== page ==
I’m spending some spare time right now working on the home control. My first system is working at home in the UK with a nice little 2-line LCD giving out useful information (as well as accessing that information on the mobile phone of course) but a little while ago we spotted some inexpensive colour LCDs from China – somewhat under £3 each – well you can’t let an offer like that go.
These displays need 5 resistors to work and some software – the library to drive them took some finding and it was originally quite slow but my friend Aidan changed it to work with SPI and I did some more and eventually we got these cheap displays to work perfectly. They look really neat but for some reason my camera just won’t capture the sharp and vibrant colours so you’ll just have to take my word for it. Nice displays.
And so – as of a little while ago – my first working MK2 is ready to go. As well as peak and standby heating control I’ve added a frost setting – up to 255 days hold-off during which time the heating will only come on if the temperature gets below 5c… handy for the cave in Spain perhaps.
The LCD display shows the current humidity, the date, the inside and outside temperatures, the set and fall-back temperatures along with the number of hold-off days. Below that is the current time (updated every second) and then the dusk and dawn times which are automatically calculated every day. The internal and external temperature displays along with humidity also have trend indicators not shown here.
All working and the phone displays you see are as they appear on my Samsung S4 smartphone… though I’m not currently actually controlling the heat in Spain but once back in the UK I’ll adapt this to work with the controller in Wark.
The main controller, having moved to the larger 1284 chip – now has all the I/O of the radio slaves and so can function as a stand-alone unit if necessary, simply plugged into the router to give remote control. I played around for a while with adding the display onto the main board but that was slowing things down and ultimately I’ve gone with sending a package out of the serial port so that a separate board, if needed, can handle the display. For my first shot I’ve done a colour LCD board with infra-red remote input – the idea being to add temperature up and down via infra-red for the rental cottage.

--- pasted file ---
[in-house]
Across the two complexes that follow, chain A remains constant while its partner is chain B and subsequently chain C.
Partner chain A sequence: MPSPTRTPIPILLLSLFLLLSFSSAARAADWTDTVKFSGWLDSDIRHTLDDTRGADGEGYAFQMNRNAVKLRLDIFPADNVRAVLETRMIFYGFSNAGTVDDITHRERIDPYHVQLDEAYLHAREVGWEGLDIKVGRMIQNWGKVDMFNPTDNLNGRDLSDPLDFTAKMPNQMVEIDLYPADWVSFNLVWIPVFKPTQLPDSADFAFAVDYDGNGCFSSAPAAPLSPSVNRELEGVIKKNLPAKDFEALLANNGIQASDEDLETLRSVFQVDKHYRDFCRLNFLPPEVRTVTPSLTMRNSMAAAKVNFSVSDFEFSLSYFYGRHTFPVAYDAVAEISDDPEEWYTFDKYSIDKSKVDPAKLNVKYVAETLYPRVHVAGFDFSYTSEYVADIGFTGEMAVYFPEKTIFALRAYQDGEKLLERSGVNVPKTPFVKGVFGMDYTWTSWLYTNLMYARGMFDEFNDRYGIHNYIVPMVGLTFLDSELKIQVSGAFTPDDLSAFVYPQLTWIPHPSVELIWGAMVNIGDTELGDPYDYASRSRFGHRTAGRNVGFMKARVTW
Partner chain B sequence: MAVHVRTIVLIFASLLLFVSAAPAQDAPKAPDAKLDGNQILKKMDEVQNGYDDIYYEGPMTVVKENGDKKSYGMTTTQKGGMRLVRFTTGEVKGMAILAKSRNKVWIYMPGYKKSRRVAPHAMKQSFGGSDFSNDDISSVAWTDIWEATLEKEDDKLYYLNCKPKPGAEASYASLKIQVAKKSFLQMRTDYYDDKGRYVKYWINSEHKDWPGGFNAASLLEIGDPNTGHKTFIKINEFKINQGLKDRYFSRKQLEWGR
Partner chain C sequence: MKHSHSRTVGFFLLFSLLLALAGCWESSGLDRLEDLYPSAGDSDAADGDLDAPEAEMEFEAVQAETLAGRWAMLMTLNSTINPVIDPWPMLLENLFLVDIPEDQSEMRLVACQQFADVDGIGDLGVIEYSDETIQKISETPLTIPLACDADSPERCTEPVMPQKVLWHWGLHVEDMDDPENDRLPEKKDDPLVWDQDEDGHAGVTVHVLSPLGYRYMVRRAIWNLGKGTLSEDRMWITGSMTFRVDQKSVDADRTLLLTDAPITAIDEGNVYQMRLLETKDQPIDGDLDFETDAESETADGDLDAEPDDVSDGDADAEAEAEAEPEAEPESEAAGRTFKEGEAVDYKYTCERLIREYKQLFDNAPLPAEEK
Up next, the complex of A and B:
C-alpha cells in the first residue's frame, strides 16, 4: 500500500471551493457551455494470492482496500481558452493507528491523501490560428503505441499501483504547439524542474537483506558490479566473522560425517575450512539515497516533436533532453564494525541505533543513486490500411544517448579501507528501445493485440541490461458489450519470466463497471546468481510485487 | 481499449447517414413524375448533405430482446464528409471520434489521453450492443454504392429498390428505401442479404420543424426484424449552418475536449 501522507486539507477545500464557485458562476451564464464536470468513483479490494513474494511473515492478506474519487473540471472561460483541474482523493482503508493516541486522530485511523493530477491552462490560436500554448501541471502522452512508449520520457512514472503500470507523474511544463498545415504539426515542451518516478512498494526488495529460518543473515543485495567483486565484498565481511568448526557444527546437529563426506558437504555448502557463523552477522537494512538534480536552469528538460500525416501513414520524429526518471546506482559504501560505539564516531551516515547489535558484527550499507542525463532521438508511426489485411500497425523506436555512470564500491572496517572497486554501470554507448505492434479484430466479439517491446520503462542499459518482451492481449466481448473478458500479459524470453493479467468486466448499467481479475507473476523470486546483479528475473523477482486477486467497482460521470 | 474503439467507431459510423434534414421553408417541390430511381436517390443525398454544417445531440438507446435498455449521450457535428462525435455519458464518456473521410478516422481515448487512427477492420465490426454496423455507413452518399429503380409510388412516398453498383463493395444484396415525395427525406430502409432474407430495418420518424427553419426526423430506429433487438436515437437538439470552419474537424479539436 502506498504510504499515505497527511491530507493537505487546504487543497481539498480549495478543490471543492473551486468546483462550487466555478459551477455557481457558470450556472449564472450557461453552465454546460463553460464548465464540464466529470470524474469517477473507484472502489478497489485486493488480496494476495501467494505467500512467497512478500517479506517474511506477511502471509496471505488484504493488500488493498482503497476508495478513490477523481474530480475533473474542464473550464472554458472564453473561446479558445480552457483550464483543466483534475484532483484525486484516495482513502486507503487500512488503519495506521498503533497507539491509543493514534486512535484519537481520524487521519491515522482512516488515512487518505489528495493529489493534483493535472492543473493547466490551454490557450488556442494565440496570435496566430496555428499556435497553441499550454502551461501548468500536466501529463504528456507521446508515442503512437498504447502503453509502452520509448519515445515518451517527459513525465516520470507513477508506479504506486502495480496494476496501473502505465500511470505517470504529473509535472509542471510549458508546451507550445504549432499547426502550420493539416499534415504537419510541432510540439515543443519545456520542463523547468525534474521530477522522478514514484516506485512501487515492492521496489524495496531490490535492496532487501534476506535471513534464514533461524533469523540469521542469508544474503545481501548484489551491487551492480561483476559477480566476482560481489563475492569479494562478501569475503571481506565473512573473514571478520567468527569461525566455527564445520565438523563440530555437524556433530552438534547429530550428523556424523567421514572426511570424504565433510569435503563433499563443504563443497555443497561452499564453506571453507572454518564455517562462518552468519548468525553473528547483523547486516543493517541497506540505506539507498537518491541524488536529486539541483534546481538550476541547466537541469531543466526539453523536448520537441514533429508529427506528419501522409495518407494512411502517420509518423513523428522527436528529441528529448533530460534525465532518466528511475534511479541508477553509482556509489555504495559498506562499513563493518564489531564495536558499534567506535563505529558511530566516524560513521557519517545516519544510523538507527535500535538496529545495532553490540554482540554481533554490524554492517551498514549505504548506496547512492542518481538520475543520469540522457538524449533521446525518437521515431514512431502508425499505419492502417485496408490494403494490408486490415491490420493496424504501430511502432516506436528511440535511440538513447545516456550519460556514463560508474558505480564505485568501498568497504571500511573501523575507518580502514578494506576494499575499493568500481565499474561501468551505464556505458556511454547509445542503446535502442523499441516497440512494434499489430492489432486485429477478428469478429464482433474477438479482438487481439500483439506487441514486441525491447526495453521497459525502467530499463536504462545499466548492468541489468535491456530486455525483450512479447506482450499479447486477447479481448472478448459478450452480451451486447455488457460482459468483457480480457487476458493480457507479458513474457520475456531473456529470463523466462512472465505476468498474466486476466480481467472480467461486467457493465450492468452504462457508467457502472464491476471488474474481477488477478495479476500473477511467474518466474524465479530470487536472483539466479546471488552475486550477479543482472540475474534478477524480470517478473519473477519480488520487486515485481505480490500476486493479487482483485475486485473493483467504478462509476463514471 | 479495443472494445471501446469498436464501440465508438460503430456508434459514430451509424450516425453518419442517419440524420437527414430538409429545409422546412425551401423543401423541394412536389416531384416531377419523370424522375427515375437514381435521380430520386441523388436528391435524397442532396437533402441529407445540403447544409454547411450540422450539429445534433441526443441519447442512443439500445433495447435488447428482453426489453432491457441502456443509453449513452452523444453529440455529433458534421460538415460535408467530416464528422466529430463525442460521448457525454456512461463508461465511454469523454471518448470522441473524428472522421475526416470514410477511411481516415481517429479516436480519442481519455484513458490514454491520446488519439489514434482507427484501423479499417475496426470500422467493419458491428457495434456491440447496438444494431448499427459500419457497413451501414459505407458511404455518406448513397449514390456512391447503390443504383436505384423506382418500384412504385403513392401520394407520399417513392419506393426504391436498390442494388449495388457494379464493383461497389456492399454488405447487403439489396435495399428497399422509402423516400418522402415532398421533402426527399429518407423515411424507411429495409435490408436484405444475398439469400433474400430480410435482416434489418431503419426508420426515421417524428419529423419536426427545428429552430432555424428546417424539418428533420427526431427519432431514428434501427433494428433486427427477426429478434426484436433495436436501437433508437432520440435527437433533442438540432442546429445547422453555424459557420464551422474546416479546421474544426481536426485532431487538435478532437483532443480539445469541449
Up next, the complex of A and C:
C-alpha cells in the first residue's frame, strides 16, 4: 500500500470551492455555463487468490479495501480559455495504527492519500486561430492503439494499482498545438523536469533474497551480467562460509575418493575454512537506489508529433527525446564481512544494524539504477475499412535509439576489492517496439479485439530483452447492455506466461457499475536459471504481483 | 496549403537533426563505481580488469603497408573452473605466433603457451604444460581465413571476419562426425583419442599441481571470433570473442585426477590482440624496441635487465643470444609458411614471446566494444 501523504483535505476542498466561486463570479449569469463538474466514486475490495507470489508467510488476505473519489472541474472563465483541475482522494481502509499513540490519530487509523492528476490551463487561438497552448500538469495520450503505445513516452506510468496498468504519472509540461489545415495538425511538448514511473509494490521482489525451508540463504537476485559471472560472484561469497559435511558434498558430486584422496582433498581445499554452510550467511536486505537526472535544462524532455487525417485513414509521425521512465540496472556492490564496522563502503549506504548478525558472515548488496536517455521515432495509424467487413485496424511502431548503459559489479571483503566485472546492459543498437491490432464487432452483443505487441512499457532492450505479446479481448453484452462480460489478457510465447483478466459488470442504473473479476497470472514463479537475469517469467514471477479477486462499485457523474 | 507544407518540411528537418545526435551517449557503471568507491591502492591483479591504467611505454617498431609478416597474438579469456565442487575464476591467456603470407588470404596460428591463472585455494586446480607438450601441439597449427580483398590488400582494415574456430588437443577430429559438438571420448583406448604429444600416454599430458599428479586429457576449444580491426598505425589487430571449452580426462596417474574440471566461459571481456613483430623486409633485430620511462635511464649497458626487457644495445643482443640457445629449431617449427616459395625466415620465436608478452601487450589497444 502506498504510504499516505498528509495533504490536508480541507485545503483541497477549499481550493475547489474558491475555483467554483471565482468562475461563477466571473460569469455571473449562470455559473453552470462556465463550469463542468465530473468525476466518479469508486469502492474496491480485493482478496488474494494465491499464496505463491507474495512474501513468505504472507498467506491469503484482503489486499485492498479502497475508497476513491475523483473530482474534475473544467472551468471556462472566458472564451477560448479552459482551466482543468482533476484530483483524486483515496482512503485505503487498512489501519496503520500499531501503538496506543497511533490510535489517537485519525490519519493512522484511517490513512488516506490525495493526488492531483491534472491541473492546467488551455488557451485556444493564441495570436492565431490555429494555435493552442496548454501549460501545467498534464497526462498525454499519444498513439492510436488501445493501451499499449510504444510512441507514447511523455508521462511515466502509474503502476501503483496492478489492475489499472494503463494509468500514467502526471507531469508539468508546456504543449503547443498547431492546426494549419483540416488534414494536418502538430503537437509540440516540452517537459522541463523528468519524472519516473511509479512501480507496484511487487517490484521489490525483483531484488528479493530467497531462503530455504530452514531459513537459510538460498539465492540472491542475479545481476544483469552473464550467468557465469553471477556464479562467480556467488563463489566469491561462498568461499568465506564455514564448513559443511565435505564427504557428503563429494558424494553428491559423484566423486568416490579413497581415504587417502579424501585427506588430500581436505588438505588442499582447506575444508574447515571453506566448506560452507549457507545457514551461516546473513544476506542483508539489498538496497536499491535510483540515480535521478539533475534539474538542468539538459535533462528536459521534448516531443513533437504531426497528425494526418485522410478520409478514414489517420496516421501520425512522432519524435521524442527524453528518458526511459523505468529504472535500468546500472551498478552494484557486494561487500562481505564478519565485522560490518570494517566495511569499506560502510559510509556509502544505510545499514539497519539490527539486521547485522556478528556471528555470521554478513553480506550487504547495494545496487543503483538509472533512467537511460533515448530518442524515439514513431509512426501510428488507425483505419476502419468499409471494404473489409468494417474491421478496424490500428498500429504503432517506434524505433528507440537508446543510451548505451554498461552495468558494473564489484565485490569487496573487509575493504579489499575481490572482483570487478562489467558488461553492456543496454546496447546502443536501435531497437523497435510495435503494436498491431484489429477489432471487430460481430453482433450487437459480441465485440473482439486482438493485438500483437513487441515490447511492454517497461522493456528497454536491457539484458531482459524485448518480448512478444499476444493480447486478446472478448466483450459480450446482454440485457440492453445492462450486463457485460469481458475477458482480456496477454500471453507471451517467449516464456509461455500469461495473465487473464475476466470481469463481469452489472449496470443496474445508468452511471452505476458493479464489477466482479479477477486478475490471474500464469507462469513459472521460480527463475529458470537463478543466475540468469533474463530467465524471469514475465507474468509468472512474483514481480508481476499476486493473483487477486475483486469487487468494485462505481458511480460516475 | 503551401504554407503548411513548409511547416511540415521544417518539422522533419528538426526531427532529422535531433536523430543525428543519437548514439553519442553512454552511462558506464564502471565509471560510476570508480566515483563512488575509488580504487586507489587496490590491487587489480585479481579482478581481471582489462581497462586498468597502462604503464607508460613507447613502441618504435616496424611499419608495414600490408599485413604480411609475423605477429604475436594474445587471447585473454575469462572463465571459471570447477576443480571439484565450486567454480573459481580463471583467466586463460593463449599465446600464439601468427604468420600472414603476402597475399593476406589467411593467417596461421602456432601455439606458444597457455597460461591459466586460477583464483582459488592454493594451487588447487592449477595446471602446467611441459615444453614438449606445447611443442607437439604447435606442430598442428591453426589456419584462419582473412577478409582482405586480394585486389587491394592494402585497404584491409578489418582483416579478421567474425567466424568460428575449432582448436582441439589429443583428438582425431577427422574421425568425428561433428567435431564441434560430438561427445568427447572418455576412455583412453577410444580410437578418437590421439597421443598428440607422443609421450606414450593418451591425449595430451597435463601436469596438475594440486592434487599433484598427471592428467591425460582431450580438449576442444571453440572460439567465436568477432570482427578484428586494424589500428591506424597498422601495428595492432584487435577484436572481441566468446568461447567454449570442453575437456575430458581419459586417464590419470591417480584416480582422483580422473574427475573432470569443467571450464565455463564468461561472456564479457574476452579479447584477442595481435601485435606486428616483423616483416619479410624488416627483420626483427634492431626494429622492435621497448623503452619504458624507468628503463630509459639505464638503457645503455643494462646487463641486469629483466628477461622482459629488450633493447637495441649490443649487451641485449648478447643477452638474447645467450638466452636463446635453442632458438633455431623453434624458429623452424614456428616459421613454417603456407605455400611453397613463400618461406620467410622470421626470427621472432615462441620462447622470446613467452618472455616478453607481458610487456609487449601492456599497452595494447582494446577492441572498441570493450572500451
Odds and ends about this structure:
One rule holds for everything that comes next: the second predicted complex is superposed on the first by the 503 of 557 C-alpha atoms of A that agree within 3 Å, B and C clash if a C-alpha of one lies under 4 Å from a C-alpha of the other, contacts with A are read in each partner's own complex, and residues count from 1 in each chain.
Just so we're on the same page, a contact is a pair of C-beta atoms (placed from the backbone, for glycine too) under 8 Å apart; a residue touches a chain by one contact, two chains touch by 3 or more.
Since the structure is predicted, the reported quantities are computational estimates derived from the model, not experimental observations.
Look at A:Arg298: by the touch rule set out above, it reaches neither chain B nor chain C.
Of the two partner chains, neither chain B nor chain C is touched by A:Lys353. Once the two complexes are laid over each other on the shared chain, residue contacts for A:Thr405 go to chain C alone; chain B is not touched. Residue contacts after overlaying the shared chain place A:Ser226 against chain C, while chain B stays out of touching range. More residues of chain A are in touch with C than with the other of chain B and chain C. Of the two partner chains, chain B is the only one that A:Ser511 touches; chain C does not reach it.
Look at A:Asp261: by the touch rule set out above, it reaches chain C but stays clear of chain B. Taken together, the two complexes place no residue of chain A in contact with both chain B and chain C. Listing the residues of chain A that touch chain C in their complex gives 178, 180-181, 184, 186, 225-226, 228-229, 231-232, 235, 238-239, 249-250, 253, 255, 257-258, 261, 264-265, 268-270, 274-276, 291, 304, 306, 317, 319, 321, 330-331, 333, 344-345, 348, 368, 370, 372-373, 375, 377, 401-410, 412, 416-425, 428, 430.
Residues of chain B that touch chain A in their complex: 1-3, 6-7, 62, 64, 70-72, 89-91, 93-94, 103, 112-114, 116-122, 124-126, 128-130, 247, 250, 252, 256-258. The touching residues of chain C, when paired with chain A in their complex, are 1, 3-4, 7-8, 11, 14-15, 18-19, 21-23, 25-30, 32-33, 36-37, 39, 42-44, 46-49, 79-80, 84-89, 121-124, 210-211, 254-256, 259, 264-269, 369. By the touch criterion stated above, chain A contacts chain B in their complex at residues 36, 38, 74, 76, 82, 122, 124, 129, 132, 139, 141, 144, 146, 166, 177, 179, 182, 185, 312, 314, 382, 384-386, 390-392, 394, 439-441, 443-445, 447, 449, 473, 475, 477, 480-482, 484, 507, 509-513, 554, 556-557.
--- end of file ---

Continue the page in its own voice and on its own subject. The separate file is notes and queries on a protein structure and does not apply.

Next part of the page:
I did have 4 fader (PWM) outputs on each of the boards but in the latest update I’ve added a library to both to handle the new serial LEDs – the ones that can be individually programmed and I’ve added commands to change colour and brilliance on these.
The two diagrams below show the main controller utilising a 1284 chip (for extra memory and I/O) which in addition uses a standard Ethernet card and an NRF24L01 radio board…(getting 3v3 from the Ethernet card to feed the NRF)
Below that is a slave board which merely uses a 328 chip and again the NRF24L01 board (with 3v3 regulator onboard) for communications. The master is just cluged on breadboard for now.
This all sprang up from my original article on a cottage thermostat in which I envisaged a very simple controller. Then came the UberBareBoard article about an Atmega328-based Arduino clone, initial attempts to master the NRF24L01 radio. The next article was the first item entitled home control and after this – then part 2 and after this… the April update!